The CIO as a venture capitalist

In this blog my goal is to share some thoughts and observations on the changing role of the healthcare CIO in the reshaping health economy.

By Boris Rachev, Global Health Economist

In this new world, the CIO’s role will expand from enabling operations with technical services to building a technology footprint that feeds into the executive team’s growth and investment strategy. Such a perspective should help us as a healthcare IT company adopt a more holistic view of the CIO’s role in the healthcare organization and leverage our client relationships more successfully.

What is this new world, again? Let’s recapture it in broad strokes: technological advances, empowered consumers, disruptive new entrants, and rising demand by an aging population. While many of those trends have been emerging for some time, never before have they been accompanied by a rapid shift in dollars, pounds and euros, triggering major changes in behavior and fundamentally altering the healthcare business landscape.

In this business environment, there’s probably not a single CIO who does not want to help drive business growth and innovation. To adapt to a quickly changing legal and economic environment, however, healthcare CIOs have to develop a new mindset and new capabilities, and actively manage their IT portfolios in a way that drives enterprise value. Like venture capitalists, they must evaluate portfolio performance in terms that business leaders understand – value, risk, time horizon and profit.

More easily said than done. CIOs have historically focused around low-risk core delivery, budget and operating models. However today, more and more CIOs are faced with disruptive forces such as crowdsourcing, mobile only, big data, cybersecurity – the focus is shifting from a world of known problems into one filled with unknowns[1].

The capabilities related to the leadership role of a CIO in a growth-oriented healthcare organization today are borrowed straight from the playbook of the venture capitalist. CIOs are under pressure to attract entrepreneurial talent with technical skills and business savvy, and they cultivate their organizations to anticipate and respond to changing market conditions.

CIOs today juggle an ever-growing portfolio of projects, ranging from long-term strategic initiatives to keeping the lights on. Not only do they need clear lines of sight across their portfolio of programs and projects, but in order to succeed they need to understand their assets: hardware, software, facilities, delivery models, contracts, vendors and workforce.

CIOs with a venture capitalist mindset don’t just report on the organization’s to-do list or inventory of assets, they communicate the quantitative and qualitative value the IT organization contributes to the business. This means explaining the strategic importance of programs, projects and assets.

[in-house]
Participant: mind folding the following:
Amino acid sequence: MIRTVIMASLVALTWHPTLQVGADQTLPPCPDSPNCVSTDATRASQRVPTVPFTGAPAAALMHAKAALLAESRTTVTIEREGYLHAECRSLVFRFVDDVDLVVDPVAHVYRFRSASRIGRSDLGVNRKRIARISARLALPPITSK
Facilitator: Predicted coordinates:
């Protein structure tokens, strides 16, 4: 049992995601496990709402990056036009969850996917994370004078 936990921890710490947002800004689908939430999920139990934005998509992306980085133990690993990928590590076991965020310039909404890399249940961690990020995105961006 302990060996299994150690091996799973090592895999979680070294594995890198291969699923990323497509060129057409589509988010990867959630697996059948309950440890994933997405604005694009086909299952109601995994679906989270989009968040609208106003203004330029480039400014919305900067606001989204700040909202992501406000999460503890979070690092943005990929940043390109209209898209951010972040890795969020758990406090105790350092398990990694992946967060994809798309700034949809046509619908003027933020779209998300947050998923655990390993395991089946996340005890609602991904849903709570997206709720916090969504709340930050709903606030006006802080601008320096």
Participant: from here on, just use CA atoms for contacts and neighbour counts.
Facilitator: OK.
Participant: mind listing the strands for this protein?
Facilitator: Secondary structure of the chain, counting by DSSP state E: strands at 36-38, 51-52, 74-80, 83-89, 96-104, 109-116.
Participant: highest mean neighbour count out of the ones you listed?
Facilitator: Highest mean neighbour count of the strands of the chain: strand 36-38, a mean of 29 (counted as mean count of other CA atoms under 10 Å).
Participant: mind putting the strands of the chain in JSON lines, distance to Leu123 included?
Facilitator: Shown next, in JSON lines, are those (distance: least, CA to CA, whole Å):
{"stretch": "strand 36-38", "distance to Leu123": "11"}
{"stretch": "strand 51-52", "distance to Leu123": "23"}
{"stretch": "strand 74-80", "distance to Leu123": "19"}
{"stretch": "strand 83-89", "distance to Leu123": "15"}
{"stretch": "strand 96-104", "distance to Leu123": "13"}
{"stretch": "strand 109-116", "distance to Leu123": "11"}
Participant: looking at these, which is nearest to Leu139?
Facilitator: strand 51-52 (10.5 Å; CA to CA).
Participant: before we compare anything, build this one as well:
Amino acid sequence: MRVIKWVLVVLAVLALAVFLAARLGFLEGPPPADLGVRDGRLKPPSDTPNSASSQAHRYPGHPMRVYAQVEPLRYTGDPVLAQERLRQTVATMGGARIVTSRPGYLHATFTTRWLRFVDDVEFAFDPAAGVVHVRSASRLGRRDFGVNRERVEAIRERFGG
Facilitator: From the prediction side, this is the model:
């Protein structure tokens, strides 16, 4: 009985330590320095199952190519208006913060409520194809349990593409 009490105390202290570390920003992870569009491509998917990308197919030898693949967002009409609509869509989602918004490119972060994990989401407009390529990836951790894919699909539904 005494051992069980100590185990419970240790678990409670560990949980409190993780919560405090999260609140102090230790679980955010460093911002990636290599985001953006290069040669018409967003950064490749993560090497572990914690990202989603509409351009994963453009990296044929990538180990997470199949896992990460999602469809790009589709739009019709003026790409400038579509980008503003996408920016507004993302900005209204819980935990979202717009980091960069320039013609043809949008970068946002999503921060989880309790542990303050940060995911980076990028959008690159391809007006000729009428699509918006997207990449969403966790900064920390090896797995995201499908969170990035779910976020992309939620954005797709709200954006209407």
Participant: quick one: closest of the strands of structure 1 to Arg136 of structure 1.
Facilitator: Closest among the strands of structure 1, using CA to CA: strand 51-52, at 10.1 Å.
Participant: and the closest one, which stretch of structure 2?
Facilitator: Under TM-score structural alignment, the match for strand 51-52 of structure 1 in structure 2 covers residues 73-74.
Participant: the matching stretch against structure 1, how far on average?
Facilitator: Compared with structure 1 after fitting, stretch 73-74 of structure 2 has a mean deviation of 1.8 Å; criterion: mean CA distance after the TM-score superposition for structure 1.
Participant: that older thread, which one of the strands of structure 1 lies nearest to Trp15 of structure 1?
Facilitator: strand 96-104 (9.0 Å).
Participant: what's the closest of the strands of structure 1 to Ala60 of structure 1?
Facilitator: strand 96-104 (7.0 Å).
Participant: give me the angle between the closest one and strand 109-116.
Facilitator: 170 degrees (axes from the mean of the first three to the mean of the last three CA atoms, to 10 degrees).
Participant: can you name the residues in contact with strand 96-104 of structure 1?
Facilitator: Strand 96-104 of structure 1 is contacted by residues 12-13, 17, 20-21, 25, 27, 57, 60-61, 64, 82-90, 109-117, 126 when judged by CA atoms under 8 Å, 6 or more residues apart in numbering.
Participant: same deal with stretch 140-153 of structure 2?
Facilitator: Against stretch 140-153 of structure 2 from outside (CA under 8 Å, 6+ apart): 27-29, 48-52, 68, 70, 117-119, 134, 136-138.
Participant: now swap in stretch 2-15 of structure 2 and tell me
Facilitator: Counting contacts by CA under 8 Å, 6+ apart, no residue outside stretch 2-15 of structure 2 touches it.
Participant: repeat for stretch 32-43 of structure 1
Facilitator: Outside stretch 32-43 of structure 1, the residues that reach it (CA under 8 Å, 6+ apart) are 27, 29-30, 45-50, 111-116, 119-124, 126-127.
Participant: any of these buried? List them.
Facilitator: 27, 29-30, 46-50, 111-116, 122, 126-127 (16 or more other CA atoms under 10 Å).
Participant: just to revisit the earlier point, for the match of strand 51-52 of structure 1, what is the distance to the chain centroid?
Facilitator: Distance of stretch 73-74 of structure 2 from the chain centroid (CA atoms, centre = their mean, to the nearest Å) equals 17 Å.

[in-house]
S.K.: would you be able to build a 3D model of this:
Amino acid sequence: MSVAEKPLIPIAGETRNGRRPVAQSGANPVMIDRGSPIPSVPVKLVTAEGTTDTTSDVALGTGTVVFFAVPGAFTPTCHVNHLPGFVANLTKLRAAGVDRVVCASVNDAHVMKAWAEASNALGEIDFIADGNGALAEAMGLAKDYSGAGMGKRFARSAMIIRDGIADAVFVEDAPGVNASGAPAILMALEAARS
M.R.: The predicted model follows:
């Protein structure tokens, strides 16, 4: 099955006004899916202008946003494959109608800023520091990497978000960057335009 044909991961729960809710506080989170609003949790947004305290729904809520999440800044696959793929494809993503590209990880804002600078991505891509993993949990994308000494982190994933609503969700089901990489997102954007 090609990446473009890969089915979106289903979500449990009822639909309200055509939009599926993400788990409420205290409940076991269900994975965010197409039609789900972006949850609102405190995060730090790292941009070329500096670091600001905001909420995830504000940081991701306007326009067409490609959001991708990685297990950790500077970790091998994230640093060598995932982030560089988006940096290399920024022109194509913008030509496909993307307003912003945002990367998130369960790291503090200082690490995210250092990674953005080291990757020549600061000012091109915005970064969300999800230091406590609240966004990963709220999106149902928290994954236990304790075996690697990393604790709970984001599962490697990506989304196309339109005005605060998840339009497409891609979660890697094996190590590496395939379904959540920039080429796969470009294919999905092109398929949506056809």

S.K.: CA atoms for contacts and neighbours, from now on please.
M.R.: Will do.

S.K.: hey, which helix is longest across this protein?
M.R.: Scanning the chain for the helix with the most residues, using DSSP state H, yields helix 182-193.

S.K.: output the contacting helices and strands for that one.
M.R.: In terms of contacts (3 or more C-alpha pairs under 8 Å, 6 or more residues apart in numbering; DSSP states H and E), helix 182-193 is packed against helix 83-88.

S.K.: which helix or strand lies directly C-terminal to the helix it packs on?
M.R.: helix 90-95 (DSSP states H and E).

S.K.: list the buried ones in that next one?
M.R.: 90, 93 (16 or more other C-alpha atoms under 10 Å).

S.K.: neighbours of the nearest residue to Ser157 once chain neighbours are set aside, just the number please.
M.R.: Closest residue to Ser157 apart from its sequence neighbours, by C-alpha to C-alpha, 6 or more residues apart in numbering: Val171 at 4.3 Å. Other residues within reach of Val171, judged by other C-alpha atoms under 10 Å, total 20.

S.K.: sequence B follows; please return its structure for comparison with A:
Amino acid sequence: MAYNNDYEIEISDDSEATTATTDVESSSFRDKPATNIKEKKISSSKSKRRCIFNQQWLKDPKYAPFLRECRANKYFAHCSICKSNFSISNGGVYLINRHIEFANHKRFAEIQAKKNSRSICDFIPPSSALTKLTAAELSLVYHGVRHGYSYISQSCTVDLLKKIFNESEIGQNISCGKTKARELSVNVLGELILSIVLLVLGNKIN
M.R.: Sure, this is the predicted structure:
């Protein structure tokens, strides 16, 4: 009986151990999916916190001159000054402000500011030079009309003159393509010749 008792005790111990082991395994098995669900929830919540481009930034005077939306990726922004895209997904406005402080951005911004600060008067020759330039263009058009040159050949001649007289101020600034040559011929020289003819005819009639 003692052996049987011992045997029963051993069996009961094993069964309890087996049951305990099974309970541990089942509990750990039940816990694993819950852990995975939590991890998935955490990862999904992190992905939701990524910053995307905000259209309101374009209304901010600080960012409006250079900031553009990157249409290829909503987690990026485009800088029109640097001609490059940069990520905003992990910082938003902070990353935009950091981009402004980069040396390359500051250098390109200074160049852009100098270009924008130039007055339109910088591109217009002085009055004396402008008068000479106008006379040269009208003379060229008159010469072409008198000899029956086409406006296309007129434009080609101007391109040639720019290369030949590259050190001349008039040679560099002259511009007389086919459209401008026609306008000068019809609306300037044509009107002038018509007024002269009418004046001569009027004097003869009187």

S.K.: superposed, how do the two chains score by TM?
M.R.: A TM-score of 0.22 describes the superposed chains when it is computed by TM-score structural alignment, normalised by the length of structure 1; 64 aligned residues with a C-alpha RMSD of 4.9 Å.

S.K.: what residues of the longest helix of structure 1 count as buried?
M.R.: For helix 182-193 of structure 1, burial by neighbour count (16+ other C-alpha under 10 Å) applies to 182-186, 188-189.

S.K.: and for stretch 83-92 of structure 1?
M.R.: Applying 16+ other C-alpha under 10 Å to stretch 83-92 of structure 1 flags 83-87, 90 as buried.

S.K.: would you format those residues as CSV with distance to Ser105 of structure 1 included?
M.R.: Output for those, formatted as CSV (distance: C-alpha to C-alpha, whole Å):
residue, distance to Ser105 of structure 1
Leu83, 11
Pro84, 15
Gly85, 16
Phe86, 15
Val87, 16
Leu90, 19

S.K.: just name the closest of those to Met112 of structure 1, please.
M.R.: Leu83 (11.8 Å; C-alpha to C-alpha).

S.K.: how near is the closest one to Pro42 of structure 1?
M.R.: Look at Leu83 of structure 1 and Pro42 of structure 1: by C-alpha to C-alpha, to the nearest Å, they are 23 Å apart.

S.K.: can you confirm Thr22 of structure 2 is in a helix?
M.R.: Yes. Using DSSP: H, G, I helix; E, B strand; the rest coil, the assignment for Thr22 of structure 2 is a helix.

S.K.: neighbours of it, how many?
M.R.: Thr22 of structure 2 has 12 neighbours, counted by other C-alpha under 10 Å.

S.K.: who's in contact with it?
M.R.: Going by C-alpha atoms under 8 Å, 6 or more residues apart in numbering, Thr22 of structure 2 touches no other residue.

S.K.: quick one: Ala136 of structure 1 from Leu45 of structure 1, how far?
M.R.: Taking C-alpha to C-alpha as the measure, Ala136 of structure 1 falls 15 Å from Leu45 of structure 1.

As a true venture capitalist, today’s CIOs must hedge their bets with respect to emerging investments, whether in broad technologies or with specific entities. If the plan is to build dependencies on start-ups or niche players, for example, they will need to evaluate not only the technology but the founders and their business models. The concession architecture they build will allow their organization to allocate assets to different players or to shutter underperforming investments or partnerships in order to move on to the next opportunity.

Rethinking the role as a venture capitalist gives the CIO a backdrop for the business to elevate the understanding – and appreciation – of his or her function. IT in healthcare organizations should be and often is a board-level topic, recognized as one of the crown jewels.

CIO’s portfolio mindset these days also extends to talent management. Talent scarcity is a universal concern, but it has a particular impact on IT. CIOs need doers and thinkers just like venture capitalists, but they also need leaders. The savvy ones are bound to use this age of innovation as a means to launch initiatives to reward and successfully retain demonstrated talent with the curiosity and horsepower to help lead growth areas. Demand for talent is outstripping supply in many shops – and expected time to value is shrinking.

Disruption is a given in technology today, and is extending into many aspects of the business. The balancing act is delicate – driving for more nimble, responsive delivery while maintaining architectural integrity and making solutions built to run as the core pillars of business agility.

The new technology-and-consumerism-driven health economy represents the most significant reengineering of the healthcare systems in developed countries since the introduction of universal health coverage programs. In this economy, as the money flows from consumers to new players, the siloed disease treatment industry is being replaced by a wide open health marketplace, where more and more healthcare CIOs begin thinking and acting as venture capitalists. Given all of the above, as a leading healthcare IT company we need to explore these new realities and be able to explain to CIOs what the economic value added of our solutions is in appropriate business language.


[1] CIO Magazine, 2013 state of the CIO survey, January 2, 2013,, accessed September 30, 2015.


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